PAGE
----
Case Study: The Aral Sea

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  • Created on: 27-11-17 12:54
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  • Case Study: The Aral Sea
    • Background
      • Located on the Southern boarder of Kazakhstan and also crosses into Uzbekistan.
      • In the 1960s it was the 4th largest freshwater sea in the world - covering an area of 68,000km2. However today it is just 90% of its original size.
      • In previous centuries the sea has shrank and then recovered. In 400-600AD the lake was just 10m above sea level, between 1000-1500 it fell to 29m above sea level. From 1600 to the Soviet era the lake was increasing in size and in 1961 the surface was 54m above.
    • Stakeholders
      • Farming community
      • Fishing community
      • Former Soviet government
      • Current Kazakhstan and Uzbekistan governments
      • Local villagers
      • Countries expected to house the 10million environmental refugees
    • Future
      • Oil companies want to attempt to find oil resources on the dry sea bed
      • Fishermen are expected to breed camels to make a living.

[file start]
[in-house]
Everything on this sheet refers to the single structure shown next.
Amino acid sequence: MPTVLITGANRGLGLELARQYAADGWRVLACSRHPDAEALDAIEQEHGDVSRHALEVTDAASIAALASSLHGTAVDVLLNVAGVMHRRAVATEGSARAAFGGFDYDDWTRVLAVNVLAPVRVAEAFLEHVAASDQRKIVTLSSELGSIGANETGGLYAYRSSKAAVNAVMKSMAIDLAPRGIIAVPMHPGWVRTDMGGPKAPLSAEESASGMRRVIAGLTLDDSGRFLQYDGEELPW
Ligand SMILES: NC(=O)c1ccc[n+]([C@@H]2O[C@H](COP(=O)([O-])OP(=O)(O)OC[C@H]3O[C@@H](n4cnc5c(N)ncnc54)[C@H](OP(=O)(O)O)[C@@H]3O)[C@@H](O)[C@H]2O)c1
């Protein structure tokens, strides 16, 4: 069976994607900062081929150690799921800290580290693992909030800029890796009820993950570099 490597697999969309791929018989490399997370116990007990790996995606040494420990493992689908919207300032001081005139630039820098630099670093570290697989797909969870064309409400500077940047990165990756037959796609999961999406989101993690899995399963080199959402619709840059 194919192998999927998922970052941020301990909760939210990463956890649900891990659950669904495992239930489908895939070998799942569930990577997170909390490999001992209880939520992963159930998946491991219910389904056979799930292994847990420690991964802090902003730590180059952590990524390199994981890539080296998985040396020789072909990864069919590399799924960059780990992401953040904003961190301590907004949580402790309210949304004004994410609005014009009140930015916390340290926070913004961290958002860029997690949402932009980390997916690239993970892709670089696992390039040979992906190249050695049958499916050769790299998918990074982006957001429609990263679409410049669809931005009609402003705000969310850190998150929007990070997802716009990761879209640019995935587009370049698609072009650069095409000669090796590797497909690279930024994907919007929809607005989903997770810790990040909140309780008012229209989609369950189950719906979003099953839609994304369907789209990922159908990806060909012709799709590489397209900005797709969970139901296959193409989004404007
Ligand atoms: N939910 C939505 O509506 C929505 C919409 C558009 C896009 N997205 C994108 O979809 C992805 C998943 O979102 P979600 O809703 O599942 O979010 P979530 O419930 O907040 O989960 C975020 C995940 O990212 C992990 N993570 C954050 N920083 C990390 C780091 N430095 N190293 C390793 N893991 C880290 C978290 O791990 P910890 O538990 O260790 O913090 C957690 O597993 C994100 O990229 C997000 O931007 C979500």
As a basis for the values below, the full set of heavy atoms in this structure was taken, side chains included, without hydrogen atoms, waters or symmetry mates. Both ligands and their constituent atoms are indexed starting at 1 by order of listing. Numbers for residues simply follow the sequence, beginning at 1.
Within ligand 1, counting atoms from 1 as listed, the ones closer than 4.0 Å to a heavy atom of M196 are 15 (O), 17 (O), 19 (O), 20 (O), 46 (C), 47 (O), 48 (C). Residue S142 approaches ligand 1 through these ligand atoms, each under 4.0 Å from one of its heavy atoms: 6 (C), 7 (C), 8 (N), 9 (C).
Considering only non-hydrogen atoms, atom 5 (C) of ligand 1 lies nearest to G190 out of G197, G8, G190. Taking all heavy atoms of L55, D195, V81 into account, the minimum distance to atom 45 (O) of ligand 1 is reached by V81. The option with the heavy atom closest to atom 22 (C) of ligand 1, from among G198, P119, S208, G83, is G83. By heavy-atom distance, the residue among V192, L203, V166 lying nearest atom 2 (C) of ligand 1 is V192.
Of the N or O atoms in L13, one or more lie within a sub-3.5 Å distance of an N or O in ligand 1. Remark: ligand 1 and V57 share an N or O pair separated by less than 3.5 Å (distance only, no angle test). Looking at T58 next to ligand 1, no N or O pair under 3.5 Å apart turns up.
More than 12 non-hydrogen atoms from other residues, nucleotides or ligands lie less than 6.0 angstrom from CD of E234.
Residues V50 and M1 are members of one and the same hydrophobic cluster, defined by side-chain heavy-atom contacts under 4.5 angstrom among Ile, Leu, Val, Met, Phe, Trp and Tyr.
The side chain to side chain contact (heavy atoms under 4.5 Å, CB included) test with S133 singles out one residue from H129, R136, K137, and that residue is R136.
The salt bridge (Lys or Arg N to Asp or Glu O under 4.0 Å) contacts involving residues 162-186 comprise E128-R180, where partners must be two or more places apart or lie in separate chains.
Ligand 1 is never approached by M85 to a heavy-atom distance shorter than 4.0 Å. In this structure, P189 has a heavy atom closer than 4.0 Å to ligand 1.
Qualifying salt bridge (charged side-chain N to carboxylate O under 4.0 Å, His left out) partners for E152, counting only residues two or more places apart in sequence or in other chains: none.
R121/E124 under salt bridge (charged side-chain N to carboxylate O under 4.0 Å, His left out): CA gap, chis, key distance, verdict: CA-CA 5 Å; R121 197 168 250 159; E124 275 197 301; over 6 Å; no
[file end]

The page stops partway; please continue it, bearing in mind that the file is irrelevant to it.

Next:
• In 2011 the salinity of the water had dropped significantly and if this trend continues it expected that much of the flora and fauna will return.
      • Another dam may be built at the entrance of the Saryshaganka gulf to create a reservoir.
      • The World Bank donated $84m to help increase the flow of the tributaries to the sea.
      • There are hopes that the sea may return naturally
    • Causes
      • In the early 1960s, the Soviet government diverted the two main tributaries  that fed the Aral Sea, the Amu Darya in the S and the Syr Darya in the E, to irrigate the desert farms in an attempt to grow rice, melons, cereals, and cotton.
      • Many of the irrigation canals were poorly built, meaning a lot of water was lost unnecessarily.  From the Qaraqum Canal, the largest in Central Asia,  30 to 75% of the water went to waste. Today, only 12% of Uzbekistan's irrigation canal length is waterproofed.
    • Effects
      • Expected to cause 10million environmental refugees.
      • Infant mortailty rates are among the highest in the world with 10% of newborns dying before their 1st birthday
      • Only 160 of 310 bird species, 32 of 70 mammal species and very few of the 24 fish species remain
      • The land has become infertile due to the amount of pesticides, fertilisers, nuclear weapons test and industry that has taken place.
        • Drinking water is polluted.
        • The dust that is blown up from the sea bed contains all of these chemicals and is causing respiratory issues, kidney failure and heart problems for local people


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